CPUs of affected manufacturers such as AMD, ARM, Intel, among others appear in a lot of Internet of Things (IoT) devices and which are scattered all over the globe.

According to ARM, they are already “securing” a trillion (1,000,000,000,000) devices. Granted, not all ARM CPUs are affected, but if even 0.1 per cent of them are, it still means a billion (1,000,000,000) affected devices.

Due to the huge costs involved, it is not feasible to replace all these faulty CPUs. In reality people will keep their existing devices until end of their life cycles, for years even.

Deployed for countless and diverse applications in the households or offices, once operational many owners have most likely forgotten that they have them and which inherently leaves a giant gap for cybercriminals to exploit.

Any Wi-Fi-controlled device such as refrigerator, digital picture frames, Smart TVs, DVRs and PVRs etc., potentially provides opportunity for sensitive data to be lost. For example, a compromised Wi-Fi password for any of these can make it possible for anyone to hack your home or office network thus giving automatic access to any other connected platform such as emails, social media pages and even shared cloud or archive platforms.

Even though to get access to your IoT device, a would be attacker needs to have compromised the internet network already, or even the applications running on the device, we know that cyber-criminals just like a pack of wolves will not relent after smelling blood.

As a warning, when you are buying a new IoT device, ensure to check which CPU it is running on, and if that CPU is affected by these vulnerabilities.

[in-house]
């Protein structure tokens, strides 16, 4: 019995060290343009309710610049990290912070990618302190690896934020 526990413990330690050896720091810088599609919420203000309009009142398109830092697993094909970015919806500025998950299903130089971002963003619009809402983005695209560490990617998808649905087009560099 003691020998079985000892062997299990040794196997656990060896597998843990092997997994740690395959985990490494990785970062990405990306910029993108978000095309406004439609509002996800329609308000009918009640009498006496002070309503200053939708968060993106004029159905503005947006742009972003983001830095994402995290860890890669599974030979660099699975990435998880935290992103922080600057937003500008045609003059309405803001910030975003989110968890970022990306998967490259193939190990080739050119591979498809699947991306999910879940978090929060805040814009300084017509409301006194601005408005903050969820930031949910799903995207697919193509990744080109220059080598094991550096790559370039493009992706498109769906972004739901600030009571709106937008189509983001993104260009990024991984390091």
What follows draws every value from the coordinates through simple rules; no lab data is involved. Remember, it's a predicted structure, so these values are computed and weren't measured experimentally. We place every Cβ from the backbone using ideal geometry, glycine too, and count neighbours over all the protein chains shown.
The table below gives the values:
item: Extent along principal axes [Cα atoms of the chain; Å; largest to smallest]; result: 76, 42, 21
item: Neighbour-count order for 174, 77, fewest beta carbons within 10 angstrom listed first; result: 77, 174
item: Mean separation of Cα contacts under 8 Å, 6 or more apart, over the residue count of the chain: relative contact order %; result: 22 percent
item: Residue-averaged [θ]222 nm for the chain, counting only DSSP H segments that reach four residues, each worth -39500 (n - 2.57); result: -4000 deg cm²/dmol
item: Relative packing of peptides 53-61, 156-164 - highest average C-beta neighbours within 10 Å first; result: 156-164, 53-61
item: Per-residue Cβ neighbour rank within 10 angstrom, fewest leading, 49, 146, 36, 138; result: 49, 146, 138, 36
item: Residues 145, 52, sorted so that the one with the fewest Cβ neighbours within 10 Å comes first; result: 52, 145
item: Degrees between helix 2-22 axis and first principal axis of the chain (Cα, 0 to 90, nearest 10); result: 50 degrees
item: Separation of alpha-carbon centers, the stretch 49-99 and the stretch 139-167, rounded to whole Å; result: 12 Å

Meltdown and Spectre 0 300

 Microsoft released Security Advisory 18002 on Wednesday, January 3, 2018 to mitigate a major vulnerability to Windows in modern CPU architectures. ESET released Antivirus and Antispyware module 1533.3 the same day to all customers to ensure that use of our products would not affect compatibility with Microsoft’s patch.

The first few days of 2018 have been filled with anxious discussions concerning a widespread and wide-ranging vulnerability in the architecture of processors based on Intel’s Core architecture used in PCs for many years, as well as processors from AMD, and even affecting ARM processors commonly used in tablets and smartphones.

The good news is that ESET can help protect against the types of malware that could take advantage of these vulnerabilities.

And, ESET was one of the very first security vendors to allow the Microsoft patch against the flaw to be enabled.

While ESET protects against potential malware infection, you should also take these steps to secure your computers and data:

  • Make sure your browser is up to date. For Chrome or Firefox users:
    • Mozilla has released information describing their response, including how Firefox 57 will address these security flaws.
    • Google has stated, “Chrome 64, due to be released January 23, will contain mitigations to protect against exploitation.” In the meantime, you can enable “Site Isolation” found in current stable versions of Chrome to provide better protection.
  • Make sure you update your ESET software, then update your Windows OS to protect against this exploit. To update ESET:
  • Customers should review ESET’s Knowledgebase article for important updates.
  • See this great collection of tips, articles and recommendations from the Google Project Zero team.
  • If you have a cloud-based server or have a website hosted by hosting provider, check to see what mitigations they have implemented already to prevent Meltdown.